The observations that are needed in order to build the model are the number density, angular size and surface brightness distribution of the galaxies observed on the sky. Observations in the or band are preferable because the very broad band, in which galaxies will be detected, is intermediate between these two bands, and the broad bands that will be implemented in the BBP, and in which galaxy observations will be carried out, will approximately cover this wavelength range. Recent literature, and more specifically the Medium Deep Survey (MDS, [Ratnatunga et al. 1999]) and Hubble Deep Field North (HDF-N, [Williams et al. 1996]) databases, offer a substantial amount of data in both bands, extending to large sky regions and faint magnitudes. The model's results, however, are here expressed in the band, since mostly -band data were used. A magnitude limit of mag, much fainter than it was in principle necessary for our purposes, was chosen, so as to provide an estimation of the average disturbance from galaxies to the observation of stars.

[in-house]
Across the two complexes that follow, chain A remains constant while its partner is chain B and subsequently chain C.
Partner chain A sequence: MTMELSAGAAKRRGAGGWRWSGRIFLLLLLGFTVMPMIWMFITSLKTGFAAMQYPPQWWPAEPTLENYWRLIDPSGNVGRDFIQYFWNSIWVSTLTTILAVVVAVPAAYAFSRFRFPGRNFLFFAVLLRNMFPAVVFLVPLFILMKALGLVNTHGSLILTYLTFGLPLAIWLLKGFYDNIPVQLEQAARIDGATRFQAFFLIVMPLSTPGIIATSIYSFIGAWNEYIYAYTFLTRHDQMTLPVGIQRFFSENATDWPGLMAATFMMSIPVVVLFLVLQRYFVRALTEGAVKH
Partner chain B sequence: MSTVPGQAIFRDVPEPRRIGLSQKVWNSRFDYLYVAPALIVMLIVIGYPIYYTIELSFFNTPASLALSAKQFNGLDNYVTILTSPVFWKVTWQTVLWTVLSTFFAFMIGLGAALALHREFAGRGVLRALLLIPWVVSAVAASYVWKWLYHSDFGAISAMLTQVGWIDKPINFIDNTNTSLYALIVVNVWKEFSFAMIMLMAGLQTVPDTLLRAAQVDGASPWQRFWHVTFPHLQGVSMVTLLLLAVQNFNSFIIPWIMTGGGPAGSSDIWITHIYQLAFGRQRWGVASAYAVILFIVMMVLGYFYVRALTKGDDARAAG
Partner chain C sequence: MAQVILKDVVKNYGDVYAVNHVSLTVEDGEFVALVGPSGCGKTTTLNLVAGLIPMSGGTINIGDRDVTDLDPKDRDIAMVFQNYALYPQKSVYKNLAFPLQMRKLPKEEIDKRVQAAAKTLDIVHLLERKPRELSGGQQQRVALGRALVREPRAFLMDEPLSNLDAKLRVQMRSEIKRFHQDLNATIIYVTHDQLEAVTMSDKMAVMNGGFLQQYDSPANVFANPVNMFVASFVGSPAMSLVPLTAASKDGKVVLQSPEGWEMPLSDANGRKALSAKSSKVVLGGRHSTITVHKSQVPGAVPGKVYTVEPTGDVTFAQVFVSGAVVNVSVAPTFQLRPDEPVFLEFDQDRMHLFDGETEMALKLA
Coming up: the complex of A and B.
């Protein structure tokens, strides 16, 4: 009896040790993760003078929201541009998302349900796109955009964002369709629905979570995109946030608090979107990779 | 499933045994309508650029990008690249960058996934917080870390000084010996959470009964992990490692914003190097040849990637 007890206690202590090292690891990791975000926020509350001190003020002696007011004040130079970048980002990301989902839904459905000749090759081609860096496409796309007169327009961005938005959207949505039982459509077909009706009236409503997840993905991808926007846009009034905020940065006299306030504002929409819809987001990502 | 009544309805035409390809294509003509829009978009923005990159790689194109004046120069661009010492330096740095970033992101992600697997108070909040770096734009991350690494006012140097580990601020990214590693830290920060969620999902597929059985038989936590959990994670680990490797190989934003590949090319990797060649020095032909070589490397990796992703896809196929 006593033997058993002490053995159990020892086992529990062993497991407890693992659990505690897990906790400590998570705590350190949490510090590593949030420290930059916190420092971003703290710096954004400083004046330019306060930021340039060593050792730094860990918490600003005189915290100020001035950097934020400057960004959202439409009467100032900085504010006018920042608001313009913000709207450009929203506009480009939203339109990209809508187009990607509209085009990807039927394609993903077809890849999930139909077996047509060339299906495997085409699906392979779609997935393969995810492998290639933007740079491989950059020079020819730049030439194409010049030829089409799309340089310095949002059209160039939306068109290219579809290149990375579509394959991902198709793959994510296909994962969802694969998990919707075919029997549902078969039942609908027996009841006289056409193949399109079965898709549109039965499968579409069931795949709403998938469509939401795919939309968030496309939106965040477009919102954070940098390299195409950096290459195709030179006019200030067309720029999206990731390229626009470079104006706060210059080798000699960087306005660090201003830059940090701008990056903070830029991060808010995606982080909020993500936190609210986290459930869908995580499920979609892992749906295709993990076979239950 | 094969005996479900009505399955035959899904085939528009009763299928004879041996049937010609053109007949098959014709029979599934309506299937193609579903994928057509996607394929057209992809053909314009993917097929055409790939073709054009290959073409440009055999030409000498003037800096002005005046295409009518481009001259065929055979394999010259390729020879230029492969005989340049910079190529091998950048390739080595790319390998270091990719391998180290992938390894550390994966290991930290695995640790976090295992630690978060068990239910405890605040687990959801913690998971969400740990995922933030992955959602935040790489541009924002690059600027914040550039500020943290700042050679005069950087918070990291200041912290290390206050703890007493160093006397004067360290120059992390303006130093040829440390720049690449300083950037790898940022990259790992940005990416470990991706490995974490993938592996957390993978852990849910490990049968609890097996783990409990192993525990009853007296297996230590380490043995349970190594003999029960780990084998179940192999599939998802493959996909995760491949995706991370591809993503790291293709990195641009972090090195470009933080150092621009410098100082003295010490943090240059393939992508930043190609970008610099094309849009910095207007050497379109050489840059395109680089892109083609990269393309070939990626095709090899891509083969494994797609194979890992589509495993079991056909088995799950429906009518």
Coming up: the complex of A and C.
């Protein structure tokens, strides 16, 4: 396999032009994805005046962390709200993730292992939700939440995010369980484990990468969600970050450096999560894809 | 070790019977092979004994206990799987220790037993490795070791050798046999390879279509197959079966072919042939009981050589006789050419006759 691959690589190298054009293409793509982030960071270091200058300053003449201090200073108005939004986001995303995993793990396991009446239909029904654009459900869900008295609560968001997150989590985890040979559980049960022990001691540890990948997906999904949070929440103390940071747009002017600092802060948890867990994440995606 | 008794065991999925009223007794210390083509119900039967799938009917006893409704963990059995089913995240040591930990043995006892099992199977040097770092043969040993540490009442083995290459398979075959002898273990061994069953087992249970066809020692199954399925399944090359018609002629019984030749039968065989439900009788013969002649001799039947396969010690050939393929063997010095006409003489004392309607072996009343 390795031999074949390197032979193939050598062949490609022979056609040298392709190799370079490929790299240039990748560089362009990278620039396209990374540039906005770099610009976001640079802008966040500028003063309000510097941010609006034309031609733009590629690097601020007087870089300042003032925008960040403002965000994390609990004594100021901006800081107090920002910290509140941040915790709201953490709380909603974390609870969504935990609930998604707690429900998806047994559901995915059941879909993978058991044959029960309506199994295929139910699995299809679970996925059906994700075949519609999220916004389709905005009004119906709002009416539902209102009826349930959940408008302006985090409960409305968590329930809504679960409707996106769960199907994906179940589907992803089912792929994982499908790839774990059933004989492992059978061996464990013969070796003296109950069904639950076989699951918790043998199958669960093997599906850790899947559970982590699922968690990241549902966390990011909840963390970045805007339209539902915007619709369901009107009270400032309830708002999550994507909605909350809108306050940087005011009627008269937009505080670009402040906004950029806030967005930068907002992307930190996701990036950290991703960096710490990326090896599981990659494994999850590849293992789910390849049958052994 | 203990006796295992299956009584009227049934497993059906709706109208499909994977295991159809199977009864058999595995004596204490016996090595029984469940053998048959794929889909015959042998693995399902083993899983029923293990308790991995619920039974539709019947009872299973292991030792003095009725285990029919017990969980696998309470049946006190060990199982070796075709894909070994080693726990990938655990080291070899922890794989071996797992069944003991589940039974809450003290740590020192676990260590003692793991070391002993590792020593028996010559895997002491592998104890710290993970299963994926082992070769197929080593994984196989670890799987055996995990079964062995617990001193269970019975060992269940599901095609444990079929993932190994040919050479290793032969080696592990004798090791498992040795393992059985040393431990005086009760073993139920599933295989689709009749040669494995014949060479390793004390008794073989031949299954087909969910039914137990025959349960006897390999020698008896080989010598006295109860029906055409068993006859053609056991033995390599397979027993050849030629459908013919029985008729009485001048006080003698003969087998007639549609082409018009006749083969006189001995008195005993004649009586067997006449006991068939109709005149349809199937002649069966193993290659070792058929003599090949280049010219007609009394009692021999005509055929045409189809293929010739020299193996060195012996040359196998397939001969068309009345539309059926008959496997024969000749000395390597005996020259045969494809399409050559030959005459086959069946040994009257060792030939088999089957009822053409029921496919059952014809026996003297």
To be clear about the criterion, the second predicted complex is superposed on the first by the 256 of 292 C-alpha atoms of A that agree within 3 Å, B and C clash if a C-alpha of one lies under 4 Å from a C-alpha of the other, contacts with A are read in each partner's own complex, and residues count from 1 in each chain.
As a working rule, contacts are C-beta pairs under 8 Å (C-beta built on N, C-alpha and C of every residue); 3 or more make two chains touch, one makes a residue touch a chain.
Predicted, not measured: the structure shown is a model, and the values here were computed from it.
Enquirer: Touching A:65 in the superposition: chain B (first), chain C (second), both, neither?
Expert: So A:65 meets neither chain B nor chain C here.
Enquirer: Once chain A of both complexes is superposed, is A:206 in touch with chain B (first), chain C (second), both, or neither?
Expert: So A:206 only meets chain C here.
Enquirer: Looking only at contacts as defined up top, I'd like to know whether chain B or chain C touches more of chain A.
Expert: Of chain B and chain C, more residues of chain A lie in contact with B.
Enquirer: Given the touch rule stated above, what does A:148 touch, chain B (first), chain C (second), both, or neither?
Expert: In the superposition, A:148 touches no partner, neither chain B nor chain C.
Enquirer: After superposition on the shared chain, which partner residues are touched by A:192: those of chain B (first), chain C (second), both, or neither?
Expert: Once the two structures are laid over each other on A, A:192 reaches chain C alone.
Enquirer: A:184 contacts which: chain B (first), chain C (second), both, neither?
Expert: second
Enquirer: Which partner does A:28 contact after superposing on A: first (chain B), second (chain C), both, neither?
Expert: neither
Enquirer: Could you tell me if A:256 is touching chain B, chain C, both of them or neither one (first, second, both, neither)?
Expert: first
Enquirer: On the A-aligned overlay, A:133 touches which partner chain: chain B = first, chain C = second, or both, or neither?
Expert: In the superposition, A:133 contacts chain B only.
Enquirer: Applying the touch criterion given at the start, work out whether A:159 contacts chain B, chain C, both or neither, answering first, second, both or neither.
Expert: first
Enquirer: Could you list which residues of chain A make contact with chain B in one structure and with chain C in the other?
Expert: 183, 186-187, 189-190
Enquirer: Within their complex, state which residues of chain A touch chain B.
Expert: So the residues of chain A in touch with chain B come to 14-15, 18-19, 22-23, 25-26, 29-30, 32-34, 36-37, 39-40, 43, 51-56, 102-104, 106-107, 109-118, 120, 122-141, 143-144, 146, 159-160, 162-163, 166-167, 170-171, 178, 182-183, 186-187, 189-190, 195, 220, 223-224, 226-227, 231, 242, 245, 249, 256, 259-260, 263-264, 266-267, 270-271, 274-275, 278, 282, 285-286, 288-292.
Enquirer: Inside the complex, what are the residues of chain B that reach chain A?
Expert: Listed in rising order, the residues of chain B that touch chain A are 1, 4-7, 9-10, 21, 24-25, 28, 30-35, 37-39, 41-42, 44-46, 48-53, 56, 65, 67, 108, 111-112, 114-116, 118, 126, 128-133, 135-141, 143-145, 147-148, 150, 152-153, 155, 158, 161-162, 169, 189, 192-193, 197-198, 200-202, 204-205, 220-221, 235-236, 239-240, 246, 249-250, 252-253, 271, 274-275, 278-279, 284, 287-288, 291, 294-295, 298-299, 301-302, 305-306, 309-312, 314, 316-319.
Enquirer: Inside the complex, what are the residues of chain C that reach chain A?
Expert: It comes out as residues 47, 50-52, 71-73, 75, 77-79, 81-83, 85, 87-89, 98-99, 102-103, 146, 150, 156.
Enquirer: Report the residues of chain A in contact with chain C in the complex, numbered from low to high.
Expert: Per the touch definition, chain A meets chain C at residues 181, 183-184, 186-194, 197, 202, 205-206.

It turns out that, to a first approximation, the galaxy statistical properties
that are relevant for our purposes can be conveniently expressed as function
of two parameters only, namely the galaxy total magnitude and morphological
It must be emphasized how, under our assumptions, these two parameters
completely characterize the photometric properties of a galaxy.
The predictions of our model are thus much different in nature from the results
of conventional galaxy surface photometry analysis.
While in the latter a set of parameters is fitted to galaxy images in order to
obtain information about galactic structural properties, in our model the
results of this analysis are combined to derive analytical expressions
predicting the photometric properties of typical galaxies.
While this model obviously cannot do justice to the strong individuality
displayed by many galaxies, it is believed to yield sufficiently reliable
results when, as in our case, only statistical properties, i.e. properties
averaged over large samples, are of interest.